Make a Snowy Owl Pine Cone! Kits are available Monday, January 18 through Saturday, January 23 while supplies last. Find them in our NEW Creation Station (*hint* it’s green!) located outside the front door.

  1. Take apart the cotton and stuff smaller pieces of cotton inside the pinecone to make the owl’s soft downy feathers. 
  2. Make the owl’s beak by cutting a small felt triangle. 
  3. Make the owl’s eyes by cutting 2 small round circles of felt. Peel off the googly eyes sticker and place them onto the felt. 
  4. Make the owl’s wings by cutting out two small wing shapes. You can add dark barring marks if you wish.
  5. The beak, eyes, and wings can be tucked into the pinecones without glue, but adding a touch of glue can help them to stay more secure. 
  6. You can add feet to your owls using felt, leaves, or wooden twigs.
  7. Look outside to find more natural items you can add to your owls. 
  8. Give your owl a name and send us a picture! [email protected]

Whooo loves owls? We do! Owls are found in all sorts of habitats, including dense forests, wood lots, swamps, marshes, grasslands, and maybe even in your backyard! There are more than 200 species of owls worldwide.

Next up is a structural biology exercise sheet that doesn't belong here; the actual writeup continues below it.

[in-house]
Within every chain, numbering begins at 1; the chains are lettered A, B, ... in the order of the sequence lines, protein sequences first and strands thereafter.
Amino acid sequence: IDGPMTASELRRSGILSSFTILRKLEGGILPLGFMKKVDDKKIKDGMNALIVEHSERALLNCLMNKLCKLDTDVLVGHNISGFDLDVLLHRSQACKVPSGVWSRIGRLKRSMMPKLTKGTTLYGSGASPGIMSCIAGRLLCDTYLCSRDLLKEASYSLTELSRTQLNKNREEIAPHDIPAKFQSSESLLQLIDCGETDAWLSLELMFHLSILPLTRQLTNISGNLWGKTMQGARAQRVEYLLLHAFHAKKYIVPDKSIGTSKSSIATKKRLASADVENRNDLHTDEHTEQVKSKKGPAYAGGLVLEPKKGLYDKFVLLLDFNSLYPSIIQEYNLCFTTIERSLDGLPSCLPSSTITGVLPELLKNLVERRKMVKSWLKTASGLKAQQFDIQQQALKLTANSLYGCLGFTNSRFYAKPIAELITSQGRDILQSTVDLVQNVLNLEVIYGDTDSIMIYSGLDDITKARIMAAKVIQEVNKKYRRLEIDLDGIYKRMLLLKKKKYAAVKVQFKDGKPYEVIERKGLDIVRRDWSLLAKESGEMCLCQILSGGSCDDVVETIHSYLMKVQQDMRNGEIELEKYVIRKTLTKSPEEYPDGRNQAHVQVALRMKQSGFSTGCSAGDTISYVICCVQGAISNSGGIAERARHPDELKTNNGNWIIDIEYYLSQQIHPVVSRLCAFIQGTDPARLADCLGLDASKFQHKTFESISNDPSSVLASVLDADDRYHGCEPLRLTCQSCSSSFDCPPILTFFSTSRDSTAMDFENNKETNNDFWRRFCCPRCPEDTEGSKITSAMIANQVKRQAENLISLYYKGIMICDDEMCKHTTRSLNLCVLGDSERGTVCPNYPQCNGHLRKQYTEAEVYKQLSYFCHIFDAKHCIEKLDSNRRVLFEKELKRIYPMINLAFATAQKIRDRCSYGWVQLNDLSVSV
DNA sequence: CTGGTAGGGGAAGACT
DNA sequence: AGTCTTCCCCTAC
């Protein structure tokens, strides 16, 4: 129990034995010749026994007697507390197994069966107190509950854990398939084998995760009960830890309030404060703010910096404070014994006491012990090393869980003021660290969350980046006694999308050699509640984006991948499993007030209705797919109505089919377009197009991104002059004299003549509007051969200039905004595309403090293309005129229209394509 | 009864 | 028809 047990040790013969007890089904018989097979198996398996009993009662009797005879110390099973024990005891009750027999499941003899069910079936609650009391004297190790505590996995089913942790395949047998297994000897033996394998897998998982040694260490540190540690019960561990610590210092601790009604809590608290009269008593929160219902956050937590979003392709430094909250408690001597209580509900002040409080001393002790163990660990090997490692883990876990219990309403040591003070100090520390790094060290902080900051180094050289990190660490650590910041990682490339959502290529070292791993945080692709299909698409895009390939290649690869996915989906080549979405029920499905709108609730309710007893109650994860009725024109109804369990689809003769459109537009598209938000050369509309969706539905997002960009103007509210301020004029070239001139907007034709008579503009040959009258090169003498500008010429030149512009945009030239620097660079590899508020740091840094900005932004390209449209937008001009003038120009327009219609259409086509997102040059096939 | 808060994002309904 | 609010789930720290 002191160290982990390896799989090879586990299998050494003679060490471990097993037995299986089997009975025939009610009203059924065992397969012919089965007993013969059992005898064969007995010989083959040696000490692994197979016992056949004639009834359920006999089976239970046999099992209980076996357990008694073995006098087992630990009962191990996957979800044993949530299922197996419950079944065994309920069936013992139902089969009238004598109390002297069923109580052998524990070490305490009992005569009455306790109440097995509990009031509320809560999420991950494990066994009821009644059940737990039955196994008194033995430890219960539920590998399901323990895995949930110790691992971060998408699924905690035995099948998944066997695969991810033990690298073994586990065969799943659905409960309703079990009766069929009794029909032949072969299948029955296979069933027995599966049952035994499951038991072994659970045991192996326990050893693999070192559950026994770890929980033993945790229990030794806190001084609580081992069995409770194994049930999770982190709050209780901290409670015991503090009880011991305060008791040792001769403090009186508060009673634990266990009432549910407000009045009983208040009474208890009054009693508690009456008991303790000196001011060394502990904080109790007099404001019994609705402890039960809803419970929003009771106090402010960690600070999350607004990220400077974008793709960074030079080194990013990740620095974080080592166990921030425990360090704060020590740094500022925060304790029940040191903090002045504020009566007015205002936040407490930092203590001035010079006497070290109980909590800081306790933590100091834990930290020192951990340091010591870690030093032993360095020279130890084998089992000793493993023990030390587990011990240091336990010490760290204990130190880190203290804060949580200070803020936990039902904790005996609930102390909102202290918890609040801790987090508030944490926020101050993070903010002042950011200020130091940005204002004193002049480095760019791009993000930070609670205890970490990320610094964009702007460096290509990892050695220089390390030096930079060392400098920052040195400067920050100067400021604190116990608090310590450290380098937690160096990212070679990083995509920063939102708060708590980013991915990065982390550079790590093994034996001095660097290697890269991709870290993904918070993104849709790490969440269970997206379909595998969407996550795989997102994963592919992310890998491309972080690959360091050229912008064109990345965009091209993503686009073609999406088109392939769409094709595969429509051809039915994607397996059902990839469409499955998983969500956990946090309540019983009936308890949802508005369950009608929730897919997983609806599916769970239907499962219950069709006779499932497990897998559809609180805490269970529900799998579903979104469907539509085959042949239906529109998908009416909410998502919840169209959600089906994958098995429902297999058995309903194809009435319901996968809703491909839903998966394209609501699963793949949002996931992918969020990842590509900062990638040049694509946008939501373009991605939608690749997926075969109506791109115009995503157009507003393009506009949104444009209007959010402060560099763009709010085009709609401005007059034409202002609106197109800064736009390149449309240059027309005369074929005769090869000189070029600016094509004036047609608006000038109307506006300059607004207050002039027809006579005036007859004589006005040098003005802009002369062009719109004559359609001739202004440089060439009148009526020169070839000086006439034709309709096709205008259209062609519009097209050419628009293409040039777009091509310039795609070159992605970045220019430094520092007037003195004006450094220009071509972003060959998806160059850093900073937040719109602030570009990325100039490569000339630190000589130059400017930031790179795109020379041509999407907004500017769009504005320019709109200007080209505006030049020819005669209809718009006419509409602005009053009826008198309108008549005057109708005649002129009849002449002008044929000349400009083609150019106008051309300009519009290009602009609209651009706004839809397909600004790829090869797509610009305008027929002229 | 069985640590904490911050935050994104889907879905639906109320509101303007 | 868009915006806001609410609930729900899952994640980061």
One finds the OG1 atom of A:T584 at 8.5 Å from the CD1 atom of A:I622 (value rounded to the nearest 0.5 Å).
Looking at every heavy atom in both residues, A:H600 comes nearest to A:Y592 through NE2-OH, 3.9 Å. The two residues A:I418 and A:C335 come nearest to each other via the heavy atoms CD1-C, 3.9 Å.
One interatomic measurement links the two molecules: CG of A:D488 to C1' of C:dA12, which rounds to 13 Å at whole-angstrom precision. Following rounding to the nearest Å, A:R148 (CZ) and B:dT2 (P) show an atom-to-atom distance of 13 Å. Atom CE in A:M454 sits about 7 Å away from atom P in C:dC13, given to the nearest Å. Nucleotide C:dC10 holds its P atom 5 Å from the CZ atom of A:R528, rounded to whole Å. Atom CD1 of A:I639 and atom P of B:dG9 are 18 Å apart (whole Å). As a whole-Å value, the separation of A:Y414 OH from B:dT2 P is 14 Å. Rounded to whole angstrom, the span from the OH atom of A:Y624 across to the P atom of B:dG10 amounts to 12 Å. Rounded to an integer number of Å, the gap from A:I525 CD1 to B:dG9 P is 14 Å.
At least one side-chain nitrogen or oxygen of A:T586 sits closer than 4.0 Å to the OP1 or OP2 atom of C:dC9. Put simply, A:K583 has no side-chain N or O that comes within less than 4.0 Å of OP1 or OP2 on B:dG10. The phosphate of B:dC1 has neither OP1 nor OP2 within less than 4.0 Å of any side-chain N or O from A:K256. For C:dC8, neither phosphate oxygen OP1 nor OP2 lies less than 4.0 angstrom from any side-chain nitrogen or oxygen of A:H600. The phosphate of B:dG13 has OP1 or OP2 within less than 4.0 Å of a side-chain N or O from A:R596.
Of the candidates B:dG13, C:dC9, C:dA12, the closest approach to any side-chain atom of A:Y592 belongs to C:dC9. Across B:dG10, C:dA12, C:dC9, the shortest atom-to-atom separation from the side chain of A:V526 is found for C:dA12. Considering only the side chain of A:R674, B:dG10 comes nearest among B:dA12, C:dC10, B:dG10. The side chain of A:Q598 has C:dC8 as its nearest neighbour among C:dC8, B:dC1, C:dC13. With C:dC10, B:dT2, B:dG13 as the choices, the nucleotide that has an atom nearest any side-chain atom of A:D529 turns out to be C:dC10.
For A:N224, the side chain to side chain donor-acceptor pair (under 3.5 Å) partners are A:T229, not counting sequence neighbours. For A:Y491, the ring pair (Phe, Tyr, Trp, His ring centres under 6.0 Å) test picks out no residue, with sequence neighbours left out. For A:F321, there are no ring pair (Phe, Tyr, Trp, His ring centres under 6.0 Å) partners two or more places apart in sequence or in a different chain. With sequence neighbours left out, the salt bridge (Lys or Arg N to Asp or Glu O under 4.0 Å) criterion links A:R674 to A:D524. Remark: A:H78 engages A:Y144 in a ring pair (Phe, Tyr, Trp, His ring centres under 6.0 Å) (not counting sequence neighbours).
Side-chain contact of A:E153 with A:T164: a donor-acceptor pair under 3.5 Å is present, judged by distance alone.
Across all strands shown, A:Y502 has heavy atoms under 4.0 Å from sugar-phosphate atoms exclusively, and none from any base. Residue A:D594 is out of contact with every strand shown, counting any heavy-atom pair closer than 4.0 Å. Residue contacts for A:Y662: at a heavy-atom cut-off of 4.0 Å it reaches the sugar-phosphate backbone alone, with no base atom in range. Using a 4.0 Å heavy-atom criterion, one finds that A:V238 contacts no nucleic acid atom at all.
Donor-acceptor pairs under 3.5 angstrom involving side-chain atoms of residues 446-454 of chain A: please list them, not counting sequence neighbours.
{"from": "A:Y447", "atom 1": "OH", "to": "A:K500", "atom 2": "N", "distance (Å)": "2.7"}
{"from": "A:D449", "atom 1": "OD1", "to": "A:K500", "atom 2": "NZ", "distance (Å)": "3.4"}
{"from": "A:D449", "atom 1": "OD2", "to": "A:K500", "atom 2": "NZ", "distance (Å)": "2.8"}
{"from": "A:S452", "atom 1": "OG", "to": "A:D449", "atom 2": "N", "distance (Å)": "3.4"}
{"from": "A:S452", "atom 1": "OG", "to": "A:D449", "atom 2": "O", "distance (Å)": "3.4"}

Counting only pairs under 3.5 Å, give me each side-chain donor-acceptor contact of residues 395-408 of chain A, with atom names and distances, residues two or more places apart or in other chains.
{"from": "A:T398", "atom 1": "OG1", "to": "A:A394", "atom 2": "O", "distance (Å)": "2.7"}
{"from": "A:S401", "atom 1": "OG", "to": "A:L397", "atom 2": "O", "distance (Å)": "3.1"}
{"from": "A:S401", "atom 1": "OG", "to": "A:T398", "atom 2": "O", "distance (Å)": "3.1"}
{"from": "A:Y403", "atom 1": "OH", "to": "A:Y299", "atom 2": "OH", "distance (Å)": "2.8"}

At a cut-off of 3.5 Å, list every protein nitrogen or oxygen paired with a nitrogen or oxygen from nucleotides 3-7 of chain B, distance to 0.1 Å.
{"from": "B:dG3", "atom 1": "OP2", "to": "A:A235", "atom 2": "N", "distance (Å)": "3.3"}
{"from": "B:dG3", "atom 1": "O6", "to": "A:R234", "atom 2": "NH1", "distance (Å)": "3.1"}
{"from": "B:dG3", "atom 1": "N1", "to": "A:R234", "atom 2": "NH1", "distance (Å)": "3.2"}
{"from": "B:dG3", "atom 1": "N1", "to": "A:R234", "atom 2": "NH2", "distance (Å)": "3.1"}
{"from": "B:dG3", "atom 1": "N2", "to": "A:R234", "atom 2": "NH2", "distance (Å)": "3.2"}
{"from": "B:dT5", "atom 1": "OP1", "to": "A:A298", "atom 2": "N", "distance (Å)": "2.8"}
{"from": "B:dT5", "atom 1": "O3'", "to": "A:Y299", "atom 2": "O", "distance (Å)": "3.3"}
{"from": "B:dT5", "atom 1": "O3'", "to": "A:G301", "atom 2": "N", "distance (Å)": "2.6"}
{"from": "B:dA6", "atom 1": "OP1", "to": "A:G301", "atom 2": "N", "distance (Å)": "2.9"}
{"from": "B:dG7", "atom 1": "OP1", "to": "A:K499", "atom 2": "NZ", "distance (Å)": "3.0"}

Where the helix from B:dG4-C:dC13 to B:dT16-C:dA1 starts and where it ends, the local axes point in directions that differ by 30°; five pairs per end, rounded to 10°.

Snowy owls are the largest (by weight) North American owl, and their breeding grounds are in the Arctic. They can be seen in our area in Illinois during their spring and fall migrations. When they are young, snowy owls are barred with dark brown. If you want your owl to be a young owlet, add some brown stripes to the wings. Females keep some dark markings even as adults, but the whitest birds–including Harry Potter’s Hedwig–are always males. 

Awesome Owl Quests: 

  1. Take a listen to a snowy owl’s call. Can you imitate these sounds? Which family member sounds most like a bird?
  2. The stars of the wild birds webcam are a pair of Barred Owls that live nearby in Indiana. Take a look at the Cornell Lab to peek into their nest! What do you see?
  3. Play Bird Bingo as a family.
  4. Learn how to draw a snowy owl.
  5. Read a book about owls. Here are some suggestions:

Baby Owls by Martin Waddell

The Capture by Kathryn Lasky

Eva’s Treetop Festival by Rebecca Elliot

Good Night Owl by Greg Pizzoli

Otis the Owl by Mary Holland

Owl at Home by Arnold Lobel

Owl Moon by Jane Yolen

Snowy Owl Invasion by Sandra Markle